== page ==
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I have googled it, but the articles dealing with the question seem to be either several years old or very general.

What is the current status of ipv6 adoption in terms of usefulness?

Specifically, if I have a network of approximately 300 devices (workstations, WiFi APs (used mostly for specific industrial devices), switches, printers, etc) in several locations(currently connected via vpn) would there be any kind of benefit - from organisational, administrative or network point - to move them to ipv6, assuming all the software would support it?

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What is the current status of ipv6 adoption in terms of usefulness?

Google maintains an IPv6 adoption page, and there is a per country adoption tab.

Specifically, if I have a network of approximately 300 devices (workstations, WiFi APs (used mostly for specific industrial devices), switches, printers, etc) in several locations(currently connected via vpn) would there be any kind of benefit - from organisational, administrative or network point - to move them to ipv6, assuming all the software would support it?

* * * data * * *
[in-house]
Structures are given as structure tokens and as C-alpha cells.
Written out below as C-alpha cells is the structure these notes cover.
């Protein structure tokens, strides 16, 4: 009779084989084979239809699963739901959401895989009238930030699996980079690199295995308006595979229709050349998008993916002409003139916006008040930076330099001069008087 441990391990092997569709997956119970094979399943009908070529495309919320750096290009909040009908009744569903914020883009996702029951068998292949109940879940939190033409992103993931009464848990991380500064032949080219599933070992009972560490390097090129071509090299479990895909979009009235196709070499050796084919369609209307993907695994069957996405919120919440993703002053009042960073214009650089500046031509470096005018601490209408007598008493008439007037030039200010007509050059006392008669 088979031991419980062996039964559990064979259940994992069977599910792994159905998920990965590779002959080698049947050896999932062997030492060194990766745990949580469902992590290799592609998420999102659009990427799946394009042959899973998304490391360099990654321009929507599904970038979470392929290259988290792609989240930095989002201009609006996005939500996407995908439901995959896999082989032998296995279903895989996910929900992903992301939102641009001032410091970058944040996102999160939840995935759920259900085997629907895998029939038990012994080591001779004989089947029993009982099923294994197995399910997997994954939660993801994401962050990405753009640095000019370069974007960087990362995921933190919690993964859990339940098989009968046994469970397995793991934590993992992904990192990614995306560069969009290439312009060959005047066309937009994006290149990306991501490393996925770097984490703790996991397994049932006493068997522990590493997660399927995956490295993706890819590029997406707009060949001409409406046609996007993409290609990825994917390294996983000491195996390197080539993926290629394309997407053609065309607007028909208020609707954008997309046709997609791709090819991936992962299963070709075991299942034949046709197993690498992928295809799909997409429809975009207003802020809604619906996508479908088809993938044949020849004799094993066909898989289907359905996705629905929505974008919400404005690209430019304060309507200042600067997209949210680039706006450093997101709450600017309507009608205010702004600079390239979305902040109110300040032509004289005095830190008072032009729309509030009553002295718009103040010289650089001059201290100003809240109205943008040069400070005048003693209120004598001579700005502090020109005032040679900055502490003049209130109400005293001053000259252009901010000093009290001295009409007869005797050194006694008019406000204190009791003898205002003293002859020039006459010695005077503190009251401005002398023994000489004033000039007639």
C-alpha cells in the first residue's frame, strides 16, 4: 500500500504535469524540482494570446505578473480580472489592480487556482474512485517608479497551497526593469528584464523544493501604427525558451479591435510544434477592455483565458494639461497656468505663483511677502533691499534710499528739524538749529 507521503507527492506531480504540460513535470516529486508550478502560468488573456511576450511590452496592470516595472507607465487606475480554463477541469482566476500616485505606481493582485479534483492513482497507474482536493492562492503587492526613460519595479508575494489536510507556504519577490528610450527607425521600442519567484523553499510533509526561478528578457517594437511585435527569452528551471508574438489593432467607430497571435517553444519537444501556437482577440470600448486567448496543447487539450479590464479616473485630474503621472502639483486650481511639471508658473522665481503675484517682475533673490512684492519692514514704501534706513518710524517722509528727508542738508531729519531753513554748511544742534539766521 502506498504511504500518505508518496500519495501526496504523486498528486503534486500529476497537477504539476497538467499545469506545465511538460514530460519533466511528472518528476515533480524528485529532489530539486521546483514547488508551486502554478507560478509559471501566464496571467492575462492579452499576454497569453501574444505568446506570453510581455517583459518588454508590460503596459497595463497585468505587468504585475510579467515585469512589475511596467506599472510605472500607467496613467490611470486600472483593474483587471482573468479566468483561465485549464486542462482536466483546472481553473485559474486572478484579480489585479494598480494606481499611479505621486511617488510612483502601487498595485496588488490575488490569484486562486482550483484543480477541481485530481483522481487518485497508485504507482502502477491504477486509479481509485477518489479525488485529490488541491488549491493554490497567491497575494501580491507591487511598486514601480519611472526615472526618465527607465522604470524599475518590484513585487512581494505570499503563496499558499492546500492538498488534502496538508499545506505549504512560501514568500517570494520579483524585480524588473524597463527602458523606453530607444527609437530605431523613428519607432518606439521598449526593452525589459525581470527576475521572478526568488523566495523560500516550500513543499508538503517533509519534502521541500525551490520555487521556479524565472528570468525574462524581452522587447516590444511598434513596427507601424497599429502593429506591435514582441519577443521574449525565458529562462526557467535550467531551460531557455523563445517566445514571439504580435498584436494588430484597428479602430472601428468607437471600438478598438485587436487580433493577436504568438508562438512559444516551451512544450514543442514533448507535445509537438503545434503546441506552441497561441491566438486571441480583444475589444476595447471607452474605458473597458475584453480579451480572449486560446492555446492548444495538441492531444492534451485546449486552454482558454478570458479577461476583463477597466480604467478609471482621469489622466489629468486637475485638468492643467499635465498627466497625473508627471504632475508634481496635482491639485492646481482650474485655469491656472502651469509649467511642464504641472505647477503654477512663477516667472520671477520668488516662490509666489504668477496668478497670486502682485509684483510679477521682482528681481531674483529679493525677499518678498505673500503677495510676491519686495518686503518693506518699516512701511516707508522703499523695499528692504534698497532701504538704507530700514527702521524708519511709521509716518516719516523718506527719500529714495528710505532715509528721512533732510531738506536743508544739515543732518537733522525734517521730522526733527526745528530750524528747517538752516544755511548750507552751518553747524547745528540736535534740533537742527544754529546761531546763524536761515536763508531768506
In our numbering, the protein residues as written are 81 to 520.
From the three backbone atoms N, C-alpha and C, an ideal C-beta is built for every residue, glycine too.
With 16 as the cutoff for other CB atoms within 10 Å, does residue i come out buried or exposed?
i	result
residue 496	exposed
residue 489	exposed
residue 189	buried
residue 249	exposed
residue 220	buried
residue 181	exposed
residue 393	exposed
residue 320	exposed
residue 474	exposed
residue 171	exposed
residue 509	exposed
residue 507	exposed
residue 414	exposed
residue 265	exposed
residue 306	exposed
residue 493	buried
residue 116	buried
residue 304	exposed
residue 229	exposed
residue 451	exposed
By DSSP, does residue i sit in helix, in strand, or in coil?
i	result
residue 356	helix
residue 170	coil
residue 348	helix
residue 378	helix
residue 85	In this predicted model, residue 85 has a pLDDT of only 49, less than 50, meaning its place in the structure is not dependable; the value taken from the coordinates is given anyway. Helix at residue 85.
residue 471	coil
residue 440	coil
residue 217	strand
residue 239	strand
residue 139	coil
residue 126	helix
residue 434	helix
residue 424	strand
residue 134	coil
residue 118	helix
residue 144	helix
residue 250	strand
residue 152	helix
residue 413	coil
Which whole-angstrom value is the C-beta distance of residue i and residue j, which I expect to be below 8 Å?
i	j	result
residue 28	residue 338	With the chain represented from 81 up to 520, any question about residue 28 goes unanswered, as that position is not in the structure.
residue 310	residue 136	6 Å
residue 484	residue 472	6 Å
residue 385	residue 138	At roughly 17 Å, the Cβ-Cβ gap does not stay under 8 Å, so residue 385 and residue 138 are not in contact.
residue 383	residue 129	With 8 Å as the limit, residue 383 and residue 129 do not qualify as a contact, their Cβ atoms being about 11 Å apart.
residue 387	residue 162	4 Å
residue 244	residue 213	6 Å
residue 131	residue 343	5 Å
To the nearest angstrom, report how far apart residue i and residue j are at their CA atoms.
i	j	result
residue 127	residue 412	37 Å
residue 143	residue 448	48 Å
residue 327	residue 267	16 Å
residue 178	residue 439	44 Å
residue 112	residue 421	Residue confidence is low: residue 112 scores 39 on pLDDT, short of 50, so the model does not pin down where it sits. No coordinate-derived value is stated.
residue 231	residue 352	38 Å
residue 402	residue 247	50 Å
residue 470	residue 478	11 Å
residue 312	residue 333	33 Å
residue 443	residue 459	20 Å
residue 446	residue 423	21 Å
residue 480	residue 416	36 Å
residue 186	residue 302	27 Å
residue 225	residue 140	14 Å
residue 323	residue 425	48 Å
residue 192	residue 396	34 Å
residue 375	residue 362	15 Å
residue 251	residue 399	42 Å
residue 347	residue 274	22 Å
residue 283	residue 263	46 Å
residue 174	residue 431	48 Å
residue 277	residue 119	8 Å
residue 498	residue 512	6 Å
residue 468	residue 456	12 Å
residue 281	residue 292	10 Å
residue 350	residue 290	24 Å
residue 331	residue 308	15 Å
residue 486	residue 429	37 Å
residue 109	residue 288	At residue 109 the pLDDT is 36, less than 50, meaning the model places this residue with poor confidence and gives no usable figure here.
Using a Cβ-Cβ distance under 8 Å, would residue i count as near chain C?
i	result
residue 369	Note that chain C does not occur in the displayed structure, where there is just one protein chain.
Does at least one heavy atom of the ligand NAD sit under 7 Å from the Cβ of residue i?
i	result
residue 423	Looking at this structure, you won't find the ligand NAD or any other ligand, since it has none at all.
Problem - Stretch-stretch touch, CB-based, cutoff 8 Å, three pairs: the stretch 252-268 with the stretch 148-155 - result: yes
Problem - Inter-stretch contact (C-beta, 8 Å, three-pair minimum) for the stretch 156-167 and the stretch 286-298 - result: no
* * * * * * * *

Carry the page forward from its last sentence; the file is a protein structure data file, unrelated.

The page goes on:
I have already seen questions on Super User and Stack Overflow about people who can only get IPv6 addresses. Also, CGNAT is becoming more common as the ISP run out of IP addresses to be assigned, and you really cannot run services to the public Internet if that is what your ISP uses.

The fact is that IANA and the RIRs have run out of IPv4 addresses, and the situation will only get worse. That is explained in:

Why are IPv4 addresses running out?

At this point, your company should already be dual-stacked (running both IPv4 and IPv6). The transition to IPv6 is not as easy as it may seem, and if you are forced to do it in short order, you will make mistakes. You should add IPv6 to the current network and work through the learning curve and problems before it becomes a requirement. At the Global IPv6 Conference a few years ago, the experts announced that the average number of times a company will change its IPv6 addressing scheme when converting is three, and that can be very disruptive if you are in a position where you must run IPv6.

With the larger IPv6 address space, you will probably be assigned a relatively small prefix (<=32 bits), and it is easy to get provider-independent addressing directly from your RIR, so you will not be tied to a single ISP for your addressing. It also gives you the ability to use the bits for things like region/site/type/subnet encoded into the address. It also simplifies things because each site should be assigned a /48 prefix that gives you 65,536 standard IPv6 /64 networks.

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